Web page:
Dallas has eight draft picks in 2018, all seven of its own, plus Chicago’s fourth-rounder. Ditto for 2019, also with an additional fourth-rounder. So expect the Stars to be dangling a pick or two in addition to prospects rather than roster players.
3) Boston Bruins
Bruce Cassidy has been getting secondary scoring from young wingers like Danton Heinen and Jake DeBrusk to this point in the regular season, but can they continue to deliver into the playoffs? It only gets harder to score from here on out, so that’s the question Don Sweeney has to be asking himself with the likes of Nash, Evander Kane and Thomas Vanek presumably available as veteran ringers.
Where Nash would slot into Boston’s lineup is tougher to project than San Jose or Dallas, but there should be a decent fit for him with the Bruins — be it with David Backes or David Krejci, or perhaps both.
Nash would solidify the Bruins’ top nine and could be for Boston what James van Riemsdyk is for Toronto should that first-round matchup materialize.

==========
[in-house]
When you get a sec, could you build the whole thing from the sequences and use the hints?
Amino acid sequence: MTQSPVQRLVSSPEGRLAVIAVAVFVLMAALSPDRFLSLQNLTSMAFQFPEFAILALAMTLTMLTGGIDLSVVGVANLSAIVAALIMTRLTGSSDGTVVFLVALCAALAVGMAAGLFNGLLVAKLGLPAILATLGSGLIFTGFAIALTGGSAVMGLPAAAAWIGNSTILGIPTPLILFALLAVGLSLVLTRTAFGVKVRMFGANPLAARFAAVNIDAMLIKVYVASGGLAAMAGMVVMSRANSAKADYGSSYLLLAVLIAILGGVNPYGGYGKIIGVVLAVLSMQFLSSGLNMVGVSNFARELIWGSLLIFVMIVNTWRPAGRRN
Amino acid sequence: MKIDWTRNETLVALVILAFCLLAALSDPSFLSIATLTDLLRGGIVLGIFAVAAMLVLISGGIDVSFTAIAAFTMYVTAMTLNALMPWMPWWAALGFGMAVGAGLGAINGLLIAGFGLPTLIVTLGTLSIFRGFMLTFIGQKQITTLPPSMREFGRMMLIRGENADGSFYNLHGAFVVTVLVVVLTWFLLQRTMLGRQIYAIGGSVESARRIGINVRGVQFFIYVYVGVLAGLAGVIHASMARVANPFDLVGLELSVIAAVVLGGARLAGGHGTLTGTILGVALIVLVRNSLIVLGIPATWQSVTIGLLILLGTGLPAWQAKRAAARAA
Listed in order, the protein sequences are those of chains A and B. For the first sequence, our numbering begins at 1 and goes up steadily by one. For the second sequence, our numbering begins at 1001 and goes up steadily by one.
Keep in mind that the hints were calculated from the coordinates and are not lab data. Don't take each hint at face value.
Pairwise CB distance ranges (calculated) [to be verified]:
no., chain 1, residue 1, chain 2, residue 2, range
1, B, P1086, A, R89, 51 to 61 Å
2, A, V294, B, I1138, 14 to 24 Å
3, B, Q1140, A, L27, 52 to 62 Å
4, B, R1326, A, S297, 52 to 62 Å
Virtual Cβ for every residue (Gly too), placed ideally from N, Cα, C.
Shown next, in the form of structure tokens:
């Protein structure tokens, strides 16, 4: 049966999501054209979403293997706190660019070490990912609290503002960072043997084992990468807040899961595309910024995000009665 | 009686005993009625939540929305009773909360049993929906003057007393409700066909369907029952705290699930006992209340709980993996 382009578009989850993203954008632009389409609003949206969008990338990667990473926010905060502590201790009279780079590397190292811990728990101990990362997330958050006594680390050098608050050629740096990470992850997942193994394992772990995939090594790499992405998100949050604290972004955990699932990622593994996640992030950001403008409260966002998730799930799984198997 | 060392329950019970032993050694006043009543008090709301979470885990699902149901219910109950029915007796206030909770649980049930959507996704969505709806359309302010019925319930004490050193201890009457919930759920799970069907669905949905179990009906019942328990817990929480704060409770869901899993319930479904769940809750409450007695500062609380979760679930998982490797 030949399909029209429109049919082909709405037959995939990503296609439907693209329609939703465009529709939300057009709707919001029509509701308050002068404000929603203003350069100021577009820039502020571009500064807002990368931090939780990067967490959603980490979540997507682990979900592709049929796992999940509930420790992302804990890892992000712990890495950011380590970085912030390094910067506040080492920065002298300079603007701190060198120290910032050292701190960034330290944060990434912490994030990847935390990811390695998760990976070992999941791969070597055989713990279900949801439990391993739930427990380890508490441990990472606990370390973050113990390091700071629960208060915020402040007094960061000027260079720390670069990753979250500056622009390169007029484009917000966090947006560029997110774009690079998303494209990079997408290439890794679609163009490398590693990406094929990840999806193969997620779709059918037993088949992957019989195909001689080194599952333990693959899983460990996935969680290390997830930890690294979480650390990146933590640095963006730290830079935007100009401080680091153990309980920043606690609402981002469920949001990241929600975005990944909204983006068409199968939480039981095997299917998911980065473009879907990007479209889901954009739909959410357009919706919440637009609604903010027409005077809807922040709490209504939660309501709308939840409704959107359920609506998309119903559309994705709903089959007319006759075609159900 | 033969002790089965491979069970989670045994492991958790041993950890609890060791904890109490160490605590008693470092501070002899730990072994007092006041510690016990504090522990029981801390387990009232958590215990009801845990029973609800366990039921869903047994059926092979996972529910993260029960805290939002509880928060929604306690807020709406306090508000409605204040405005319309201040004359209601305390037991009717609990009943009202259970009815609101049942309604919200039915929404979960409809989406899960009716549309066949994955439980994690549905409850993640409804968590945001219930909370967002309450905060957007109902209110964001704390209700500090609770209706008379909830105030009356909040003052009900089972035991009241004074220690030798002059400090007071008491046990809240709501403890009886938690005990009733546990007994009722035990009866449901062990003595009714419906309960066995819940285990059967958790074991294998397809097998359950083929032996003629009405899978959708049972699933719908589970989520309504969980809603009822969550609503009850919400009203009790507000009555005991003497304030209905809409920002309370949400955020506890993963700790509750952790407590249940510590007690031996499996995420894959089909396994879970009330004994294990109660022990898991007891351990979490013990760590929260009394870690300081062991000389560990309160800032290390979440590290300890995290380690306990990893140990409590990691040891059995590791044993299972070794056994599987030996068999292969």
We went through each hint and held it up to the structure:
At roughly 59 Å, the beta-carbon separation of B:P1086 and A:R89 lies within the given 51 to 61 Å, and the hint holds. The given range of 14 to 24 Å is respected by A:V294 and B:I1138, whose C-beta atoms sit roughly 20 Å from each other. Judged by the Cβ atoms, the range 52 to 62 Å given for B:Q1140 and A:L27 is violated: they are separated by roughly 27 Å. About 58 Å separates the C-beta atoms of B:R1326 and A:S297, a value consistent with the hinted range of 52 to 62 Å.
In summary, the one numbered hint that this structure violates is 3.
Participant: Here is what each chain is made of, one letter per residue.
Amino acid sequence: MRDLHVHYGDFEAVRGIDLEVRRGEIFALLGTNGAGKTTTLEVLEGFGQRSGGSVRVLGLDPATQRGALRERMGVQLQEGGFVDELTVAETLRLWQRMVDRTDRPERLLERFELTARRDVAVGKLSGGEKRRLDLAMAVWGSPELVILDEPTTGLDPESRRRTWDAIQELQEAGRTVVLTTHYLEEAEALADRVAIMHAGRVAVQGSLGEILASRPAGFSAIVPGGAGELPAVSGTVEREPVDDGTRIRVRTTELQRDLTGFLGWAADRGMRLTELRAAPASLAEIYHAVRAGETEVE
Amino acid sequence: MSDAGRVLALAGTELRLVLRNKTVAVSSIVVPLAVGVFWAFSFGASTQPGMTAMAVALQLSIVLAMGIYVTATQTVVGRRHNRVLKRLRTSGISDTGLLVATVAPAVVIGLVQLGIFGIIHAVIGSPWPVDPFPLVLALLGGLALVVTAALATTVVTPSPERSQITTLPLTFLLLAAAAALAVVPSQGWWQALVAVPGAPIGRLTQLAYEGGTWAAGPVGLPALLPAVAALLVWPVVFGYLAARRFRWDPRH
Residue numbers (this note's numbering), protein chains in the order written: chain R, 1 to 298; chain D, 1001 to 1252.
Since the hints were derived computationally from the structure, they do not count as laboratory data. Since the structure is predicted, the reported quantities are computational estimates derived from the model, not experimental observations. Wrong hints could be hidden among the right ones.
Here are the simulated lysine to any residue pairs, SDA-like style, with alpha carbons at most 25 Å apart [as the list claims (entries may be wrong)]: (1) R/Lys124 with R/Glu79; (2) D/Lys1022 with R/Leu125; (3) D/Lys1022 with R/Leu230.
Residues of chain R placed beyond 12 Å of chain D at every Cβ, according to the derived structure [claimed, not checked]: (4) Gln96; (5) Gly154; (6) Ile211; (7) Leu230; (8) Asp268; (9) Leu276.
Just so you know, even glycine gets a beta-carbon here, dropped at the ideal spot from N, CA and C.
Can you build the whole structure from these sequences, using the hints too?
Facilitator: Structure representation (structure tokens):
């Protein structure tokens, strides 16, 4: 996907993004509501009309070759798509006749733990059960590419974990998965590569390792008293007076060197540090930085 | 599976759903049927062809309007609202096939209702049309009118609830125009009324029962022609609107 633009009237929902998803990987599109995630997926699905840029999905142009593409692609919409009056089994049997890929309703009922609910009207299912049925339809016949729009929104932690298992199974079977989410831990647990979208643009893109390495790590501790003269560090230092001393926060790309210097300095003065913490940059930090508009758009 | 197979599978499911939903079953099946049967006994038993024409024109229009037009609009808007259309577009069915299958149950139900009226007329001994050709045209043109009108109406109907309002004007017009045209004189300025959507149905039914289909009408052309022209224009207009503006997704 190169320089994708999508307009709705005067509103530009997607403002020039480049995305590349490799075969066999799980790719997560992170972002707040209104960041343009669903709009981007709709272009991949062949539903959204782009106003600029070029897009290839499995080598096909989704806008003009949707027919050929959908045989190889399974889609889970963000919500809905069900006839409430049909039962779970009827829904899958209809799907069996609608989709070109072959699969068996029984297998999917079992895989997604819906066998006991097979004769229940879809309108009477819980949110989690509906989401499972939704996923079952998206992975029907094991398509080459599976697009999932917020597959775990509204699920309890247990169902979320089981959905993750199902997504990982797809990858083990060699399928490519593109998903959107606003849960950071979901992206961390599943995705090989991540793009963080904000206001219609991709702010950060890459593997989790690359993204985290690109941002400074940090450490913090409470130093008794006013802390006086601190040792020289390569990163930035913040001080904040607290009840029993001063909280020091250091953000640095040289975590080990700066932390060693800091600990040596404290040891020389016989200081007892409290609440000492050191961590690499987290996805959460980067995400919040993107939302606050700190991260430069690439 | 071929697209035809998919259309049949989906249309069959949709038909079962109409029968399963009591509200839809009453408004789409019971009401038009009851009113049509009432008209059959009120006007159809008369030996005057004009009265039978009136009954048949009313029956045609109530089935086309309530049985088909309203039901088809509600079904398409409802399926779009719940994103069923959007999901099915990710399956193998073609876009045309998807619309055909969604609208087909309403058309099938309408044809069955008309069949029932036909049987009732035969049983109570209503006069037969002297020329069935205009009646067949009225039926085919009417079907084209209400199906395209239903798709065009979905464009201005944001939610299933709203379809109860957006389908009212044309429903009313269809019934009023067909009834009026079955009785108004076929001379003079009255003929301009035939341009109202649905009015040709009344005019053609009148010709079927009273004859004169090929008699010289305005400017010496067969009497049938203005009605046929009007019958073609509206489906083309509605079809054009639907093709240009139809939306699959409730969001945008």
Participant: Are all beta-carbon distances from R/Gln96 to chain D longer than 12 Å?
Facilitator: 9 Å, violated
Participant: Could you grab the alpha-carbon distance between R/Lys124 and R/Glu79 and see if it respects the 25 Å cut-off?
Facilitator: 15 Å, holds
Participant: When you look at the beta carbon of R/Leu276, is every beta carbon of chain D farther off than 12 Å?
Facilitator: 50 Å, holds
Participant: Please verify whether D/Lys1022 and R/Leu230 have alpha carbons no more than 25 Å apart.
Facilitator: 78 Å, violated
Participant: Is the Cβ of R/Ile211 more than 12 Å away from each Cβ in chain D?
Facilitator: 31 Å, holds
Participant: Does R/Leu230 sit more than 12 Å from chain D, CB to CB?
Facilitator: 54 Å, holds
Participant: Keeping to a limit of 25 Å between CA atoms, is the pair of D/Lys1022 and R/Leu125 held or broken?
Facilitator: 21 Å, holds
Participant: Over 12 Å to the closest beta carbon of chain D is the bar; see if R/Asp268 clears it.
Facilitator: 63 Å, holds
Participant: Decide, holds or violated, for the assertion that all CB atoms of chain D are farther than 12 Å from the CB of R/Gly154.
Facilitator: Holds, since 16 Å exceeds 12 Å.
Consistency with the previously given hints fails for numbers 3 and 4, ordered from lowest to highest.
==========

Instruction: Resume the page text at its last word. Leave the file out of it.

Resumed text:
Like the Sharks and Stars, the Bruins have ample youth that they could part with to land Nash, including some closer to NHL-ready talent. Sweeney is adamantly against moving their contributing youngsters like Heinen, DeBrusk, Charlie McAvoy and Brandon Carlo. Those four are likely off limits.
Ryan Spooner has picked up his play lately, but he always seems to be a conversation starter for Boston and could eventually be moved. He’s playing the wing right now but is a natural centre, which could be to the Rangers’ liking. Frank Vatrano could use a change of scenery too, but he won’t have much value in the present.